Building Leadership Capacity with Rural Alaskan Youth

Final report for OW16-031

Project Type: Professional + Producer
Funds awarded in 2016: $49,355.00
Projected End Date: 12/31/2018
Grant Recipient: University of Alaska Fairbanks
Region: Western
State: Alaska
Principal Investigator:
Greg Finstad
University of Alaska Fairbanks
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Project Information


Our goal is to use the 4-H model coupled with reindeer herding in our sponsored events to develop the practical skills, leadership and business acumen in youth to expand agricultural (economic) production in underserved rural Alaskan communities. We anticipate giving youth the opportunity to develop a connection with the local landscape, livestock and a unique lifestyle that provides food and employment for local communities and overall food security for the state. We believe if the youth are not just exposed, but immersed in the unique activities of a reindeer producer they will develop the practical and leadership skills and passion for developing a reindeer business.

Project Objectives:

To engage youth of rural Alaskan communities to build leadership and life skills. 4-H sponsored camps were conducted during the summer of 2017 with youth from geographically isolated villages in Alaska. The theme of each camp was designed to fit the local environmental and cultural context of each location.


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  • Dr. Lauren Divine


Materials and methods:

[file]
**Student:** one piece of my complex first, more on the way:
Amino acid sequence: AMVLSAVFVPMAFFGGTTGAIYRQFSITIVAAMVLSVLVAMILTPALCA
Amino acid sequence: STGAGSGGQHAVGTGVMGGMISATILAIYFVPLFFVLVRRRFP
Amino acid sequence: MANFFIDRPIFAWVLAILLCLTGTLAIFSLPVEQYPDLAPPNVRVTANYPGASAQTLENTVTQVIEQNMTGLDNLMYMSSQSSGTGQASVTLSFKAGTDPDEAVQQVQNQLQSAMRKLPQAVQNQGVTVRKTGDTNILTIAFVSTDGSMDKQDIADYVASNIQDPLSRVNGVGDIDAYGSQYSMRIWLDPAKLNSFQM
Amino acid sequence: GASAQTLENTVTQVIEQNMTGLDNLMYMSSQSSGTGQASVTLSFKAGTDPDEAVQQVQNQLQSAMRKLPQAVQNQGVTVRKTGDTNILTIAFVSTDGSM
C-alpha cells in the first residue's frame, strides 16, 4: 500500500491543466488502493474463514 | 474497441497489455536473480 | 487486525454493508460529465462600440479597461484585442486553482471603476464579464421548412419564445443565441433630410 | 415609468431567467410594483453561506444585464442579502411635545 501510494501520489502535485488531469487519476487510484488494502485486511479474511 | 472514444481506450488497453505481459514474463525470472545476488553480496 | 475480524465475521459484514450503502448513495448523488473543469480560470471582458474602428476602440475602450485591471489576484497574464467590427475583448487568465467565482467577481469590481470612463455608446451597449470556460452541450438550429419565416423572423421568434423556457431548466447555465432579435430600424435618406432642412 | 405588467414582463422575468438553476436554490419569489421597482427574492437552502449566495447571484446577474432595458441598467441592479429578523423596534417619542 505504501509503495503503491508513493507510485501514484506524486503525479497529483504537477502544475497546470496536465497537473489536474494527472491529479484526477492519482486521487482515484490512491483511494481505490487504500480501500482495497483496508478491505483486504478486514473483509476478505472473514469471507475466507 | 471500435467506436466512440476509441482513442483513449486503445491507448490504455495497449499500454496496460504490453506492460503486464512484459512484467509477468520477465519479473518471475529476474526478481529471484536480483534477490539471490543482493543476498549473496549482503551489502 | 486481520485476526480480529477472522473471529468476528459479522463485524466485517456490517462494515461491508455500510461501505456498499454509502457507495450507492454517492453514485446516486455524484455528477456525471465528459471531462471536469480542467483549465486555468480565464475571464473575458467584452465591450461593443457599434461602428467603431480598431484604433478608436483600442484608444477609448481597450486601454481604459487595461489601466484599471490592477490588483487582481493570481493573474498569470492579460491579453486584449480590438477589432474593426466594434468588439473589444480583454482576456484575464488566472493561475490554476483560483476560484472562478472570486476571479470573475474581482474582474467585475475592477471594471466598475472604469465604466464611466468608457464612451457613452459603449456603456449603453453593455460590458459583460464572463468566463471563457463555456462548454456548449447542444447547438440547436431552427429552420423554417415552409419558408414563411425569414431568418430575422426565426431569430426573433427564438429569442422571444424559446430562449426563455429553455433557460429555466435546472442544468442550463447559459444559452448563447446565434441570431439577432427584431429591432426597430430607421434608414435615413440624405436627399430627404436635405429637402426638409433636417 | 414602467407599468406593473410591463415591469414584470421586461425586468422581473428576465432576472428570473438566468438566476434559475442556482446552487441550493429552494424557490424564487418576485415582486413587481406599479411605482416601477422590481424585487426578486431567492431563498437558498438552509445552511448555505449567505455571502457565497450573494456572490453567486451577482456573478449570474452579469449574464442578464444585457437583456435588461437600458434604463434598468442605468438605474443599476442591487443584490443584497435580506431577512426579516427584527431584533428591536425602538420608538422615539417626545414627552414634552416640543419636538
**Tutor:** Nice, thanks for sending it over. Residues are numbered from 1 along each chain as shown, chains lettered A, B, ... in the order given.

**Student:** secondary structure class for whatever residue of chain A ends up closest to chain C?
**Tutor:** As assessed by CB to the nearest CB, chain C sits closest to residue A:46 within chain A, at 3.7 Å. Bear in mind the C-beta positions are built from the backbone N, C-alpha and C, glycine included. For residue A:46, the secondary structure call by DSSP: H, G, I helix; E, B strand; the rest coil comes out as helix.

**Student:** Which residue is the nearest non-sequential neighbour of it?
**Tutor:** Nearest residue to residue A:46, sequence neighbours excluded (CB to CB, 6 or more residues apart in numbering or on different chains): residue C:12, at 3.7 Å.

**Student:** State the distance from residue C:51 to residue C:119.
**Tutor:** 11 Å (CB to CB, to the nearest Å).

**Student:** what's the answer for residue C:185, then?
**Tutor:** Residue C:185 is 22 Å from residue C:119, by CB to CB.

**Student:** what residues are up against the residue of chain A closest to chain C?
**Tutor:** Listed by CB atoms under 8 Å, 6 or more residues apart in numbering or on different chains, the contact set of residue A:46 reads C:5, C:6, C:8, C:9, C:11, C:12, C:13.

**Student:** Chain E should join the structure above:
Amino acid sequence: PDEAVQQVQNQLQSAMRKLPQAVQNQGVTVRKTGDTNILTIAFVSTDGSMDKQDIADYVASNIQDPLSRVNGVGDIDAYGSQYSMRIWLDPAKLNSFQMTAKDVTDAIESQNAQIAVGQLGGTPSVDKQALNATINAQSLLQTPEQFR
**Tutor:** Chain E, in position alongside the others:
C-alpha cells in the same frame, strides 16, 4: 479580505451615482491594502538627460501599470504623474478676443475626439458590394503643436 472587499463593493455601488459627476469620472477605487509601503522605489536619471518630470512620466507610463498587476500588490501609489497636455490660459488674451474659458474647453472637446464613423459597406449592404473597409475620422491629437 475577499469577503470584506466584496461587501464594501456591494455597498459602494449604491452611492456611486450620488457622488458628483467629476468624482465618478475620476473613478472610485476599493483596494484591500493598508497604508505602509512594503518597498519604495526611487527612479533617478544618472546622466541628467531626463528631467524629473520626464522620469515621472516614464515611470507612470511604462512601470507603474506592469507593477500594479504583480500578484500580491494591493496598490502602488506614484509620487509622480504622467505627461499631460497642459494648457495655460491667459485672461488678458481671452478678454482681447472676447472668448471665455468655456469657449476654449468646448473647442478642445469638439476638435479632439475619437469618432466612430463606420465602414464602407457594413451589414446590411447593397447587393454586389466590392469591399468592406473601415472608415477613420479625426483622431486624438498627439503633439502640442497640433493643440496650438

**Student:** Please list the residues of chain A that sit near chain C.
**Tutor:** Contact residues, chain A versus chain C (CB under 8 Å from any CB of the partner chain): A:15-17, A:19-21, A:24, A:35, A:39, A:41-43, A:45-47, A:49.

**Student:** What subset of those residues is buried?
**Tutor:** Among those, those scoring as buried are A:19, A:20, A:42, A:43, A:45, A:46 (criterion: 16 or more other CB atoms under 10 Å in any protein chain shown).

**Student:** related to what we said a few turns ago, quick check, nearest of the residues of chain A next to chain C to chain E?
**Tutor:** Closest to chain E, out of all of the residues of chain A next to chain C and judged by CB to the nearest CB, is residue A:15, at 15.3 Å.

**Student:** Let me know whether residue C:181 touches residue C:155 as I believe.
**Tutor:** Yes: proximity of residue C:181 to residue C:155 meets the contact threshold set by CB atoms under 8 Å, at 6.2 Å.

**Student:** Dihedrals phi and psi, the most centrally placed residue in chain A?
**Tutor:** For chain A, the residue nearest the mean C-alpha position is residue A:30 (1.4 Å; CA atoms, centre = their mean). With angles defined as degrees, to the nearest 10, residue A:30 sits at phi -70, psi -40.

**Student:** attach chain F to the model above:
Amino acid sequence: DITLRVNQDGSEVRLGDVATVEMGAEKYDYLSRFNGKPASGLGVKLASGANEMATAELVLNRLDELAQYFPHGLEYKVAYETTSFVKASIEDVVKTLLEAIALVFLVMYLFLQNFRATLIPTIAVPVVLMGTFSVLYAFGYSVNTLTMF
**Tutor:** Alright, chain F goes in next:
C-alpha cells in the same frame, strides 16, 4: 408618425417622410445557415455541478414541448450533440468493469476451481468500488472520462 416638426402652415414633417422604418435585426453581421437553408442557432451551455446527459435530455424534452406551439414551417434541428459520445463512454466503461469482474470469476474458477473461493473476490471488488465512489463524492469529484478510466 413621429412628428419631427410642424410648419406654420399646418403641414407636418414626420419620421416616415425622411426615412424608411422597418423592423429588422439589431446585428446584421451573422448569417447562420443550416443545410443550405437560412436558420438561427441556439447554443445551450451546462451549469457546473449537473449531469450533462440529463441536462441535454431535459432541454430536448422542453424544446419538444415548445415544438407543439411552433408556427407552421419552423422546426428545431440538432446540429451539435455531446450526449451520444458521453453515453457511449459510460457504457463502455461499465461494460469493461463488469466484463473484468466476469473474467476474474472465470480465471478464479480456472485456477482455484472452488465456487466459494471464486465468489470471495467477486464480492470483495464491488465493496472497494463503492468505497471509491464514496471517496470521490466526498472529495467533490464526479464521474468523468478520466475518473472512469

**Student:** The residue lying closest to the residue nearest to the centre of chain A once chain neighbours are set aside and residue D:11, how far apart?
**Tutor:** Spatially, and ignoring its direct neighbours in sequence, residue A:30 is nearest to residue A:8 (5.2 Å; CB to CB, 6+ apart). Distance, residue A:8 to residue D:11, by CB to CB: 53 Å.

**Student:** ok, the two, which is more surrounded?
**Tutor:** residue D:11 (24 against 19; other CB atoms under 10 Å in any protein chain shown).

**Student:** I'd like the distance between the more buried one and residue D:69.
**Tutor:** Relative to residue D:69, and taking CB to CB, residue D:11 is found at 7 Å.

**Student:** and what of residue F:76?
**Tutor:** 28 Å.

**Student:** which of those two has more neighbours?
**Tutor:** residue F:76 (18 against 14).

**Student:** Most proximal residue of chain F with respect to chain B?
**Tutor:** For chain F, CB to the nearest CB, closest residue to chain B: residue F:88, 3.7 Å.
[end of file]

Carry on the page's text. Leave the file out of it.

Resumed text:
This is not a research project but instead educational and outreach

Participation Summary
3 Producers participating in research

Research Outcomes

No research outcomes

Education and Outreach

6 Consultations
14 Curricula, factsheets or educational tools
20 On-farm demonstrations
2 Published press articles, newsletters
4 Tours
16 Webinars / talks / presentations
11 Workshop field days

Participation Summary:

20 Farmers participated
10 Ag professionals participated
Education and outreach methods and analyses:

A camp held in the village of St. Paul on St. Paul Island of the Pribilof Islands. This camp was offered to 10 youth, ages 8-18. St. Paul Island is a 40 square mile island with a small subsistence reindeer herd of less than 300 reindeer. The purpose of this camp was to introduce youth to reindeer ecology, proper harvesting and meat processing techniques, and permitting requirements to establish a commercial reindeer meat enterprise. The student were also given instruction and an experience in field data collection.

The participants were given instruction on local land use and were given instruction on  what permits were required for harvesting of reindeer . Participants were given instructions and demonstrations with hands on experience on the equipment needed to have a successful hunt. Most, if not all, of the youth had previously participated in a hunter safety course earlier in the year. After safety and permits had been covered the youth ventured out on to the tundra. They learned about minimizing their footprint in certain sensitive areas of the island, what vegetation reindeer eat, and how to identify scat and tracks of reindeer and other animals. Unfortunately, no reindeer were found (it was a very foggy day, typical of St. Paul weather), but there were fur seal and fox sightings.